In Greece, following a messy default, euro notes and coins would still circulate in the economy, but one euro on a Greek bank account would no longer be automatically equivalent to one euro on a bank account elsewhere in the euro area, as Greek banks might immediately become insolvent and thus be shut out of the payment systems. Until Greek solvency has been re-established, the euro zone would thus de facto have lost one of its members—although the Greek Central Bank head would still sit on the Governing Council of the ECB, and the Greek finance minister would still be a member of the Euro Group, with his country’s normal voting powers intact.
The Greek economy would collapse, but the impact on the rest of the single currency zone should be minor, given that the country represents only about 2% of the euro area’s GDP and is not home to any systemically relevant financial institution.
In many ways, a Greek default would leave the euro zone in better shape. Its institutions would probably be strengthened, because it would have become clear that the framework is strong enough to withstand the failure of one of its members. Tolerance toward deficit violations and inaccurate reporting would be much reduced. The club would have been transformed into a federation whose peripheral components can be told to “get lost,” so to speak. As a result, majority voting would tend to replace consensus as the normal way of decision-making.
The potential monkey wrench is contagion. The main reason Germany is now agreeing to accelerate the Greek bailout package is that tension on Spanish financial markets has arisen over the past several days. In contrast to Greece and Portugal, Spain (and even more so Italy) are indeed “too big to fail.”
Will contagion prove fatal? The fundamentals of Spain and Italy, especially their self-financing capacities, are much stronger than in Greece and Portugal. Moreover, neither Spain nor Italy would gain much from a default, since most of their public debt is held by their own citizens. A default would thus not lower the foreign debt of the country. For Greece, by contrast, 90% of all public debt is held by foreigners, who could be expropriated by a default.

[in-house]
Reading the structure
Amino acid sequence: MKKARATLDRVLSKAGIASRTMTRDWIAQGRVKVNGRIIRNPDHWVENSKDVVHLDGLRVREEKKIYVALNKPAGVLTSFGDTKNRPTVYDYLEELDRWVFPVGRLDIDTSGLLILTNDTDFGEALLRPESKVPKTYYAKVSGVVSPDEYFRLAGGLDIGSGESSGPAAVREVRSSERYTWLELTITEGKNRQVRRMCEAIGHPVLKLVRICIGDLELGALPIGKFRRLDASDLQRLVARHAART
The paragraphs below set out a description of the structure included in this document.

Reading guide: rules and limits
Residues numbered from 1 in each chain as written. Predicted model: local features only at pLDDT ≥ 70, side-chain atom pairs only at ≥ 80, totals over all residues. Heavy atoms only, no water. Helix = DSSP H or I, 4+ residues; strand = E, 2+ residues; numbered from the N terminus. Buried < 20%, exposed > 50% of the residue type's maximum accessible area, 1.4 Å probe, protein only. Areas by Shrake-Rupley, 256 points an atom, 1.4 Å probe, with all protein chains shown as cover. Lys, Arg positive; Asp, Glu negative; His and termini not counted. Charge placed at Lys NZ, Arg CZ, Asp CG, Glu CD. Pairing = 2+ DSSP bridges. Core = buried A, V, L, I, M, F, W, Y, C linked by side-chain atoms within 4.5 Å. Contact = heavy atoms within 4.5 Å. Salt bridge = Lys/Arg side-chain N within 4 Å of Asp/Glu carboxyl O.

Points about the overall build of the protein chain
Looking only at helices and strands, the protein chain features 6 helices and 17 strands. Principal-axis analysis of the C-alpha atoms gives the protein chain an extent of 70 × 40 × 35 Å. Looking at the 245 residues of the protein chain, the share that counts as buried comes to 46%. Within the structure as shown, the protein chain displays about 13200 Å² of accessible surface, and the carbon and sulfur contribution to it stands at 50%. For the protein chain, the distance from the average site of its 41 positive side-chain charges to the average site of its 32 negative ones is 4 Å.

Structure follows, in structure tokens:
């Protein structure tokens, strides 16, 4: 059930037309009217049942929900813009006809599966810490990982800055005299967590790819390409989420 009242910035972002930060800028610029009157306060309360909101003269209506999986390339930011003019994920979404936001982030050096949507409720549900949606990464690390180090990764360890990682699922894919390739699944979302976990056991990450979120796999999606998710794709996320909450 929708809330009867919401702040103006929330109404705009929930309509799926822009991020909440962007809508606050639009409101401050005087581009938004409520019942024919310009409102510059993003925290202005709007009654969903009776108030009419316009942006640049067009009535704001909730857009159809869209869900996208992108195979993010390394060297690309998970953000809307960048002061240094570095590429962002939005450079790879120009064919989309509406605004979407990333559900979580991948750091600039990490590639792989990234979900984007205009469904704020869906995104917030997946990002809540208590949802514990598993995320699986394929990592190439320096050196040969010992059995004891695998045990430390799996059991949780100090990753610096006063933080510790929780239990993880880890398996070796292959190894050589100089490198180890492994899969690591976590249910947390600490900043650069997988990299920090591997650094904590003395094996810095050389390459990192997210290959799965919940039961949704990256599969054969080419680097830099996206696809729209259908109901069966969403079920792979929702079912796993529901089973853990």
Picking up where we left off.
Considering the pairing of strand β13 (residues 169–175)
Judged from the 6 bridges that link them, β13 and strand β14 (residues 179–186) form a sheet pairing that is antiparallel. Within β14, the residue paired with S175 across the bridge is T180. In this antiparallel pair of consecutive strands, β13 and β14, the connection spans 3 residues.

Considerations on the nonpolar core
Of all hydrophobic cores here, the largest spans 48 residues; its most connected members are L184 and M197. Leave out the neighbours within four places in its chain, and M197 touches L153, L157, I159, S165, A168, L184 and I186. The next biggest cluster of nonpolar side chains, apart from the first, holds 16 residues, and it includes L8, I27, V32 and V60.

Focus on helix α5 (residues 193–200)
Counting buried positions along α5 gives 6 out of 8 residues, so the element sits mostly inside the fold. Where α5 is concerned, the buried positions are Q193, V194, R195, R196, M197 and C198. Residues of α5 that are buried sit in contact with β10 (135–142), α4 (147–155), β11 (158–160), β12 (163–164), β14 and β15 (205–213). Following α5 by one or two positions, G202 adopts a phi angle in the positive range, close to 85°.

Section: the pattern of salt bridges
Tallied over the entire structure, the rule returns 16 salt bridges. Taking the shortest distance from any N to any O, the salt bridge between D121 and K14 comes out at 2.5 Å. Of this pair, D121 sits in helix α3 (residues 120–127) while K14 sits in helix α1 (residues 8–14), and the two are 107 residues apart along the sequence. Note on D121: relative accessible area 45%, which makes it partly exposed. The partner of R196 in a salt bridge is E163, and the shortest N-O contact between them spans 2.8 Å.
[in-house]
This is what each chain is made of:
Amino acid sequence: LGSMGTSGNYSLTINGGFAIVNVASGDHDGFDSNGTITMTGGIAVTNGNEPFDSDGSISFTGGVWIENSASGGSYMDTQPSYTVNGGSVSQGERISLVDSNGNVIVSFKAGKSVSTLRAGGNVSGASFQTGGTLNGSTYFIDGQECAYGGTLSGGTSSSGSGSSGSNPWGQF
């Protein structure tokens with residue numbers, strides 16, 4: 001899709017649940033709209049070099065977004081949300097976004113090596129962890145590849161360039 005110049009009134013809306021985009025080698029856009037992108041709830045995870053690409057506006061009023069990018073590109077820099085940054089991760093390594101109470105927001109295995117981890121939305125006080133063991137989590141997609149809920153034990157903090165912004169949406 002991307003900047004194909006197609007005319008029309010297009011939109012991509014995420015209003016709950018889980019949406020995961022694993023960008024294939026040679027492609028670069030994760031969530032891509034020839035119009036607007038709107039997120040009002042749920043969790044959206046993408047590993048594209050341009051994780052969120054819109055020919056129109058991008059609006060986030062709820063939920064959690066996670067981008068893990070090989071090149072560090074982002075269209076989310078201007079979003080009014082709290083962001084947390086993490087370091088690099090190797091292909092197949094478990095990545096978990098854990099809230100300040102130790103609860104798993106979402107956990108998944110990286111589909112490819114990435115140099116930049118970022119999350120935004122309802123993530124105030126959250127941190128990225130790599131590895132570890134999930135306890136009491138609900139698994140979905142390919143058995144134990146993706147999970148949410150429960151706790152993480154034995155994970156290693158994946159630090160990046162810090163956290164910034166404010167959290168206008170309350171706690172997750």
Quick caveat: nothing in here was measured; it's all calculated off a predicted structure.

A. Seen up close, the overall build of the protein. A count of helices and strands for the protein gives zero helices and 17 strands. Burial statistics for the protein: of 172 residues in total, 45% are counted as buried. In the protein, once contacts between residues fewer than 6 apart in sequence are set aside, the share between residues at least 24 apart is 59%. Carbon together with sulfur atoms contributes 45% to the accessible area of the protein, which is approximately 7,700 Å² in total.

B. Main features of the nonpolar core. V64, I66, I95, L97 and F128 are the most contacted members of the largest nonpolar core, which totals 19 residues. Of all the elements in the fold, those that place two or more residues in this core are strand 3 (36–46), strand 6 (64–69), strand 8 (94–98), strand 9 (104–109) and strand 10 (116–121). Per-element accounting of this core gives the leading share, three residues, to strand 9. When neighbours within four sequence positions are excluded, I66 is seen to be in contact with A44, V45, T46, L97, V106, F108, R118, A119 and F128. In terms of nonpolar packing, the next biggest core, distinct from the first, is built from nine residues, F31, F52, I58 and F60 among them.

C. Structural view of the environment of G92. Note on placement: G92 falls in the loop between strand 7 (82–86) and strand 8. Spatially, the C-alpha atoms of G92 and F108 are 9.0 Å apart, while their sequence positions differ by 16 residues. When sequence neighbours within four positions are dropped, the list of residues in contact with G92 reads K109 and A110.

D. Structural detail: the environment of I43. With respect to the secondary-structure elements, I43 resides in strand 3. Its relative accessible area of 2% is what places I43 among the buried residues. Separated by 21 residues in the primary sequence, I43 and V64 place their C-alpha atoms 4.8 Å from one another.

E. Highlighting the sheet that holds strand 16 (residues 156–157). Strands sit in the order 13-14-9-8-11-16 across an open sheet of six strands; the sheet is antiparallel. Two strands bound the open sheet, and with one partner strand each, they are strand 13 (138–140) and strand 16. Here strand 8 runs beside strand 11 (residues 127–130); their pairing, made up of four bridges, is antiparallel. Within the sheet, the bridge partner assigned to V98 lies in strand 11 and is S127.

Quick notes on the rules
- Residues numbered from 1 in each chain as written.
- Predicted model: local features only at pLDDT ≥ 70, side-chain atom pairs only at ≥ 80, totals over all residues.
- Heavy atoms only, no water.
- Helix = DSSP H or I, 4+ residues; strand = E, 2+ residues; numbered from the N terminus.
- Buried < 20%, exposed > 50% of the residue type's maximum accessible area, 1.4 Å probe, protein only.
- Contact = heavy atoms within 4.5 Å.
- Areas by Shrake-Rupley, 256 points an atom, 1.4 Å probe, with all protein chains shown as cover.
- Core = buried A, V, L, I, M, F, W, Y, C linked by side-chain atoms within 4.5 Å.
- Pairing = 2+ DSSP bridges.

However, markets can at times be irrational. The real test of the euro area is thus not Greece, but whether it can protect members that do not have an insolvency problem from speculative attacks.
The signals are so far mixed. After an initial bout of generalized nervousness in February, when it first became clear that the second leg of the financial crisis could imply sovereign default, financial markets have increasingly differentiated among the weaker members of the euro area. Risk premia have tended to move together in the same direction, but with completely different orders of magnitude. The spreads on Spanish bonds have increased, but they remain less than one third of those of Greece, with Italy even lower.
The fate of euro is not being decided in Athens, but in Madrid and Rome.
Marty Feldstein thinks Greek default is inevitable. I think default is one possible outcome, and the alternative is for Greece to ask EU to be “kicked out” of European Union, so it can depeg itself from Euro zone and use monetary policy to stimulate its own economy.